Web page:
Goal Setting for Success

By Marty Gaal | Jan. 30, 2019, 1:33 p.m. (ET)

Race Season Goals

Wouldn't it be great if every season, you could sit down and write out all your goals and ideal achievements for the year, then reach them with minimal effort and no interruptions to your lifestyle plan? Yes, it sure would be. But that's not realistic. Most of us don't succeed without foresight, planning, diligence, sweat and tears.

Any time of year is a good time to think about what you want to do, where you want to be, and who you want to go. Winging it might work once in a blue moon, but I wouldn't make winging it a cornerstone principle of success.

Items to consider as you set pen to paper and scribble out your 2019 (and onward) plans:

Prioritization

If running your business is a number-one priority, then everything else falls in line. It may be keeping your family happy, or doing well in school, or being the best triathlete you can be. Don't confuse yourself with conflicting priorities. Always work your way down the list and make your decisions based on these. In the long run, folks that attempt to prioritize everything can fall as flat as those that take on too little. It's easy to burn out and hard to rekindle a spent flame.

For each day and workout, you should also have a priority list. This needs to balance your personal, work, and athletic life. It is close to impossible to be a number-one dad, five-hour bike rider, and model employee every day of the week. Remember to be realistic about the give and take of your multiple selves.

Know yourself

If you are a horrible swimmer, don't expect to make the front of the pack in one season. If you can barely write a coherent sentence but want to be a bestselling author ... well, you have some work to do. Understand why you want to accomplish something. Don't delude yourself about your strengths and weaknesses.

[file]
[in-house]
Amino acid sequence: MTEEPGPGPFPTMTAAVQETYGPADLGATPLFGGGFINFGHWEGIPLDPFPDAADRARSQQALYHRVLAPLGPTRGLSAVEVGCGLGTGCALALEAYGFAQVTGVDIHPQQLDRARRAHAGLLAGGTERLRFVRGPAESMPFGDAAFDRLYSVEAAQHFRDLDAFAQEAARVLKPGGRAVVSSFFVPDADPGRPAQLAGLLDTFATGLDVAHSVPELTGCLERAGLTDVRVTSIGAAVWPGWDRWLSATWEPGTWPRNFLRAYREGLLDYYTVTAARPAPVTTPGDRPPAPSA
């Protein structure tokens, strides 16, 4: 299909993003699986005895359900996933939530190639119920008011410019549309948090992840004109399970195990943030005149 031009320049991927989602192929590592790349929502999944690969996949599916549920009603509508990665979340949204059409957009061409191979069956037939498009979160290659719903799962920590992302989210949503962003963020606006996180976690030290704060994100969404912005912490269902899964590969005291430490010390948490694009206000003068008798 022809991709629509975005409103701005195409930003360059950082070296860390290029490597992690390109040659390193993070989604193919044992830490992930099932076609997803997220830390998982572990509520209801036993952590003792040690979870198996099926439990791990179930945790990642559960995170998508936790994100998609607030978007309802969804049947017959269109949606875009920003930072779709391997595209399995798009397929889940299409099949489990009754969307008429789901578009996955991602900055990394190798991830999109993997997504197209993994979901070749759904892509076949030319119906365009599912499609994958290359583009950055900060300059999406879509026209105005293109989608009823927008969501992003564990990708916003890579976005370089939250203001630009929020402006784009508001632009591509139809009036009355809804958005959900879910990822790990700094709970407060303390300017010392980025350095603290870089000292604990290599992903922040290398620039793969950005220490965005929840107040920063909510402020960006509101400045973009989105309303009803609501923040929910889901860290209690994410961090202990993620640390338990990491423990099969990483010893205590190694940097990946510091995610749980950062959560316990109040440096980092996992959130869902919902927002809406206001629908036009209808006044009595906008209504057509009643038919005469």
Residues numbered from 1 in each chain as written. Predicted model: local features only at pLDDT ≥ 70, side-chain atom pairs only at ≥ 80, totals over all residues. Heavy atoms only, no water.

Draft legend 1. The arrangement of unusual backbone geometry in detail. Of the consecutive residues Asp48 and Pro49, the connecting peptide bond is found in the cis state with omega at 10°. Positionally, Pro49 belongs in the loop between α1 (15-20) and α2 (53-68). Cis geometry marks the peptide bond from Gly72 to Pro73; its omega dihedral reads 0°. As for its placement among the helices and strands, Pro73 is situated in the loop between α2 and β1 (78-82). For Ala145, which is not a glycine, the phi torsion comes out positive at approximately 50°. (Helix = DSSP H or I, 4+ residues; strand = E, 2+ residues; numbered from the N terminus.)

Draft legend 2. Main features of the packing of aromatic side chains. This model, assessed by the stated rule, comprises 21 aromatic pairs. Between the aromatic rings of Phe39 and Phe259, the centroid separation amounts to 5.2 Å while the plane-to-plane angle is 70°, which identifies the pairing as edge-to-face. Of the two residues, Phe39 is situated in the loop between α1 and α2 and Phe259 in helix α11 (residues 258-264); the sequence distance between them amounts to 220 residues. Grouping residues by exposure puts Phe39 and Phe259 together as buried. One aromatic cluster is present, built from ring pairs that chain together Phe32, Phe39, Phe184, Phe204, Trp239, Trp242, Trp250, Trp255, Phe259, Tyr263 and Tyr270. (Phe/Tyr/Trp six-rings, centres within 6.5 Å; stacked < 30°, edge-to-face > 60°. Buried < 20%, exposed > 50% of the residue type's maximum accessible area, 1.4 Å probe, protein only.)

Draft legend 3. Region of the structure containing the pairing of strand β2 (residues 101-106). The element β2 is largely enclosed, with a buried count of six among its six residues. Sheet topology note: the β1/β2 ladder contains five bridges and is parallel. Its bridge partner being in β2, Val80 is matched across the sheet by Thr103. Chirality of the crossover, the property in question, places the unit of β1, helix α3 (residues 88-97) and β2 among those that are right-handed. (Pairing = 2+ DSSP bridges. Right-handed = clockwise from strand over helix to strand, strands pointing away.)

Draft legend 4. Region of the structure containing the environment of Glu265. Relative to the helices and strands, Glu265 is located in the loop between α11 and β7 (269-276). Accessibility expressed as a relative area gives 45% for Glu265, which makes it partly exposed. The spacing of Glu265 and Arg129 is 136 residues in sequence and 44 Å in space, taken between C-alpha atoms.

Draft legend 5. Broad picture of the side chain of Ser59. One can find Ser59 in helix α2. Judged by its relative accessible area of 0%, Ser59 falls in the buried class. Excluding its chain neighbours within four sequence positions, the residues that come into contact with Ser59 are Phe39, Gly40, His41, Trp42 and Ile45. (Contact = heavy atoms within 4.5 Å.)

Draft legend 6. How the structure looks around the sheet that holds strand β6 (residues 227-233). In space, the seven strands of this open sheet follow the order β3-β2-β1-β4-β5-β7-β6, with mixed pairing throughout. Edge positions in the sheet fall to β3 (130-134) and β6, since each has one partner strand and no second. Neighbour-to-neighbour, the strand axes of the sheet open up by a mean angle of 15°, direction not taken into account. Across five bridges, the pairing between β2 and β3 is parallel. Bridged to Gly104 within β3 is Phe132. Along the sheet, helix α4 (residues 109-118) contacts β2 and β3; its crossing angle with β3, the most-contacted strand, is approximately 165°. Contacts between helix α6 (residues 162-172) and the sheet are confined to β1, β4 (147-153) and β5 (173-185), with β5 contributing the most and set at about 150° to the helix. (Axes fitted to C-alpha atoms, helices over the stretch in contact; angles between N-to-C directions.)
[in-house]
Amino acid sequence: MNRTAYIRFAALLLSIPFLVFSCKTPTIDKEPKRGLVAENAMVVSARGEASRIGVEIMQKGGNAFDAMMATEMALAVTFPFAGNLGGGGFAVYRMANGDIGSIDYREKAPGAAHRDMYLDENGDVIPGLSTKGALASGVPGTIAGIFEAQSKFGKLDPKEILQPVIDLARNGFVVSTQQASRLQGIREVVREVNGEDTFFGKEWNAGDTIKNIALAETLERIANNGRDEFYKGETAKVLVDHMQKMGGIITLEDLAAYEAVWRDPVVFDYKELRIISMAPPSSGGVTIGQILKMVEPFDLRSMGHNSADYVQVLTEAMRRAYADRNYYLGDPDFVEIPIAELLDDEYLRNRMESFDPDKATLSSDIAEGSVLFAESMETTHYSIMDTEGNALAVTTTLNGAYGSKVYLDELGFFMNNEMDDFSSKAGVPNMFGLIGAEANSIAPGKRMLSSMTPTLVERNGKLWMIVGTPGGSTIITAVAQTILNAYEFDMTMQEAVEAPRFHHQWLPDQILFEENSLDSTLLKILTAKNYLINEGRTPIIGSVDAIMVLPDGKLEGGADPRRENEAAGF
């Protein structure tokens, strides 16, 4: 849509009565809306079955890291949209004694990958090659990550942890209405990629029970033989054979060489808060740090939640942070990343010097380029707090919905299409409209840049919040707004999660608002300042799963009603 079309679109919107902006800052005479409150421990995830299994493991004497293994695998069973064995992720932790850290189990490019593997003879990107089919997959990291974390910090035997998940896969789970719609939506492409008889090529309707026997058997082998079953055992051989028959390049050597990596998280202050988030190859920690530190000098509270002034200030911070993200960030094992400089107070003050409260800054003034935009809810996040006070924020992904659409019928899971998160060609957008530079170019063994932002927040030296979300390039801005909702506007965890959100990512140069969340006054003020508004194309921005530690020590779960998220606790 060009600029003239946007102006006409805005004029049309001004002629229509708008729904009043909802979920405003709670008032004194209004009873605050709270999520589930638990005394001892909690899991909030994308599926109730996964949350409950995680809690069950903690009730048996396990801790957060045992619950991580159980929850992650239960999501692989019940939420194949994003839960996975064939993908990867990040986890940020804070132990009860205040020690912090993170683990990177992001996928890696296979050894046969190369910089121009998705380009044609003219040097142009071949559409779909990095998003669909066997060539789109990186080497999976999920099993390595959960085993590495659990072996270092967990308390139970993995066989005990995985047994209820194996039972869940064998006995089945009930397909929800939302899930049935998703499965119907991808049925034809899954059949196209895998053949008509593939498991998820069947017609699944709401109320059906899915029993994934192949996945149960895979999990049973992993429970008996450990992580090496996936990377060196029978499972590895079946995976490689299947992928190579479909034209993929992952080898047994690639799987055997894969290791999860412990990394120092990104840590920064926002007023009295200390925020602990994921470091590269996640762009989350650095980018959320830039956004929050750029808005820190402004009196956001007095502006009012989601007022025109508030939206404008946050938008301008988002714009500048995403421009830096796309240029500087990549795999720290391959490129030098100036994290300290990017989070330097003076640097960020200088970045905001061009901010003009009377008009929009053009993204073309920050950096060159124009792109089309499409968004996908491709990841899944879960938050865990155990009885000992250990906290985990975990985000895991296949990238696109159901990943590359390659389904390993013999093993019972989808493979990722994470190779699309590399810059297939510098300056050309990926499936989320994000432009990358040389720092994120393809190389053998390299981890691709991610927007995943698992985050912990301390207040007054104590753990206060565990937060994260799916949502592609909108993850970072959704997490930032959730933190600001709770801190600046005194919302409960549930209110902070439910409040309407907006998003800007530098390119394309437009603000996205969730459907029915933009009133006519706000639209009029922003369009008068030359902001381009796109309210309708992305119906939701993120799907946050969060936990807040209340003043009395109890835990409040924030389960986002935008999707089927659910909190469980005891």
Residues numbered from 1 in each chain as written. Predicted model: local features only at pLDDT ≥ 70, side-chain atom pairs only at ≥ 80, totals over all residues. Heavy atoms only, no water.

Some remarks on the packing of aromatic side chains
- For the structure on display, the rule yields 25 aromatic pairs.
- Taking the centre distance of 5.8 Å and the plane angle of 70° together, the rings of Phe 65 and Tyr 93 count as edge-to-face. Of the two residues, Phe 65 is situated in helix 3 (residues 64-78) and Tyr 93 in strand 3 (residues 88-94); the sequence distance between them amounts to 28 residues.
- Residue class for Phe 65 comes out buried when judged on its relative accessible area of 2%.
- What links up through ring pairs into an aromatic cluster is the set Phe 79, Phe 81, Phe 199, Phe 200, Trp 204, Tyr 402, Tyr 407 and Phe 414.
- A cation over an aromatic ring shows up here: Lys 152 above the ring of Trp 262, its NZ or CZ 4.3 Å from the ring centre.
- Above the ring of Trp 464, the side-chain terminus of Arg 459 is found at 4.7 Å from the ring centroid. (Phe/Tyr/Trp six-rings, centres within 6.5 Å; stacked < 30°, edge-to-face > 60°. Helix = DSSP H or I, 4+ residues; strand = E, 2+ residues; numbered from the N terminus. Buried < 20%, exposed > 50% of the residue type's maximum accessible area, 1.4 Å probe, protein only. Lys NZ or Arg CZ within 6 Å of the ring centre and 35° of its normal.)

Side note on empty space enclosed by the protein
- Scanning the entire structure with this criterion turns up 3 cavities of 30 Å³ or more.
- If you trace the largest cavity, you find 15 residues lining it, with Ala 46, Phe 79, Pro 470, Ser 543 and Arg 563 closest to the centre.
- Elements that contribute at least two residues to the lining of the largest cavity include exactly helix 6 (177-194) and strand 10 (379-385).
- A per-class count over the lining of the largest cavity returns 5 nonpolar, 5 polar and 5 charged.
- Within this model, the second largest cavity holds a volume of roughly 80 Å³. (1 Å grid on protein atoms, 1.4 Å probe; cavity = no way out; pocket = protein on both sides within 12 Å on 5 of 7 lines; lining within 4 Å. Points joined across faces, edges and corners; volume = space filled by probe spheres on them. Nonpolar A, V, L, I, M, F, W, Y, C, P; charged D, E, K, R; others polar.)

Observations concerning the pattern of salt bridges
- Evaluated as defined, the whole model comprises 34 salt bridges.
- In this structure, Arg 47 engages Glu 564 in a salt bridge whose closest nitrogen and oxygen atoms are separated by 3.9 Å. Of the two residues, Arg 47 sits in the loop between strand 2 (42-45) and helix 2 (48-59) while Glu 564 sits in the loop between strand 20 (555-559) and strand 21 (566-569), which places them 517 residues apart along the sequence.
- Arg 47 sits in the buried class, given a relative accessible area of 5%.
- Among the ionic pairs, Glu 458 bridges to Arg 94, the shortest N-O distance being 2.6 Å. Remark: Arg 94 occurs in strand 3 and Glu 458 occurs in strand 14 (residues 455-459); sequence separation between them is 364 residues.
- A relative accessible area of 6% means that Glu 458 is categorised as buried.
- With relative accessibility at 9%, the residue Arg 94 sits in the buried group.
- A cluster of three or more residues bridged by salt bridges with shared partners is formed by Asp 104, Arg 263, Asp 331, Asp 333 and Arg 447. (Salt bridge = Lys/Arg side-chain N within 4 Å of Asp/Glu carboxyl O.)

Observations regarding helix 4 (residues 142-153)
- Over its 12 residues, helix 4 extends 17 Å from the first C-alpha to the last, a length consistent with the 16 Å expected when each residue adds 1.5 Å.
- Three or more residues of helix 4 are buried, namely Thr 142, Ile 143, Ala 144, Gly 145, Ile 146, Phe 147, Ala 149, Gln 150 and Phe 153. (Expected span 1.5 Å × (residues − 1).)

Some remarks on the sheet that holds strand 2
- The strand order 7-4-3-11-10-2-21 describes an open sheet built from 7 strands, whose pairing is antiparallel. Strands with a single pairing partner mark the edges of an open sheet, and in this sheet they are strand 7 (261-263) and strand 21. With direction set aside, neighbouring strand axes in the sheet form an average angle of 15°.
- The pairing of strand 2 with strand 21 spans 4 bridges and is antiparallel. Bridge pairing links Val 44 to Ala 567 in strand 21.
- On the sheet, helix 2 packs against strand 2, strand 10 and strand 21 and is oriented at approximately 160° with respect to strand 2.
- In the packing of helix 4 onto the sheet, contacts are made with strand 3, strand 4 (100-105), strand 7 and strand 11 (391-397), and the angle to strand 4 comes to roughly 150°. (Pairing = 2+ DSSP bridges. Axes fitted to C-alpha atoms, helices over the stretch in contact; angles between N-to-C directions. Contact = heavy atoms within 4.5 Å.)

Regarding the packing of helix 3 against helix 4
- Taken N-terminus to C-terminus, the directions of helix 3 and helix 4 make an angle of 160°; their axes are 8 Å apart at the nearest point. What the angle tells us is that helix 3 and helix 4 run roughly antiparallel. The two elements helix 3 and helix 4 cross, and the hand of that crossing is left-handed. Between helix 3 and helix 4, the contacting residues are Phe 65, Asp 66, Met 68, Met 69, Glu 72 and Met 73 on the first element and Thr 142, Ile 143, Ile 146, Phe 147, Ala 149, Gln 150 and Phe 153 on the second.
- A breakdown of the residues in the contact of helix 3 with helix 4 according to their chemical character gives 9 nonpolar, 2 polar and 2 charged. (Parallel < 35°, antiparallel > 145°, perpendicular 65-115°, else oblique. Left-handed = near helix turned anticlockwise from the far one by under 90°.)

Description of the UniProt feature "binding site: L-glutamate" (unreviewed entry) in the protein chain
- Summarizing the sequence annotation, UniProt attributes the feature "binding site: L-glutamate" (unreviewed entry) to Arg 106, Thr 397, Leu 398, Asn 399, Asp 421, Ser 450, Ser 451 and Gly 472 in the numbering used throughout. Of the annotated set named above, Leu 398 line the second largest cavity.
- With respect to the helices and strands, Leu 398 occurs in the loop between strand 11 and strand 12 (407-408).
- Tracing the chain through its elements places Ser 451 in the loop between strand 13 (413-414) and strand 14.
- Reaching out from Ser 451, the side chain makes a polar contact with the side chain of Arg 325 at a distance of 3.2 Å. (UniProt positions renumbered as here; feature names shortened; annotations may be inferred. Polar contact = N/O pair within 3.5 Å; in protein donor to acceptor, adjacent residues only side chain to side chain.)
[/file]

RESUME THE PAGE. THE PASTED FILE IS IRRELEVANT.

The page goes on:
You also need to be realistic about your motivation level and what you’re willing to do to reach your goals. Almost every triathlete would like to qualify for Ironman Hawaii, but not everyone is willing to do the work required to meet that goal.

Set SMART goals

Specific: "I want to finish a marathon."

Measurable: "I want to finish a marathon under 5 hours."

Achievable: "Lots of people have run a marathon; so can I."

Realistic: "I ran a 10k under 1 hour last season."

Timely: "I want to run a sub-5 hour marathon by the end of this season."

Simply put, SMART goals provide a structure to the goal setting process. They will help you narrow down what you are willing and able to accomplish in a timely manner. You can read more here.

Deal with setbacks

Nothing ever goes exactly to plan. Life has a way of taking your perfectly-laid plans and twisting them up into a pretzel. Those who generally succeed navigate these twists and turns with a fresh outlook/response/readjustment to each. Sometimes these twists lead you to reassess your goals. That's not a bad thing. Your achievements are yours; you don't need to measure yourself with someone else's yardstick.

One of the most important traits of successful athletes, and successful people in general, is that they don’t give up. They learn from each failure and apply those lessons to the next challenge in order to move forward.

Own your mistakes

A great failure in life is to blame your mistakes on others and/or the environment. An honest analysis and assessment of what went right and what went wrong is key to the repetition of success (re: reduction in failure!). The best and brightest inventions are often the end result of hundreds or thousands of failed experiments. The best athletes in the world are beaten repeatedly as they improve their game.

It is not always the most fun conversation to have with yourself, but be honest about your mistakes. If you fail to recognize them, you will fail to learn from them.

I hope you have a tremendous racing season!

 

Marty Gaal is the co-owner and founder of One Step Beyond (OSB). Along with Coaches Bri Gaal and Daniel Scagnelli, OSB has been working with endurance athletes since 2002.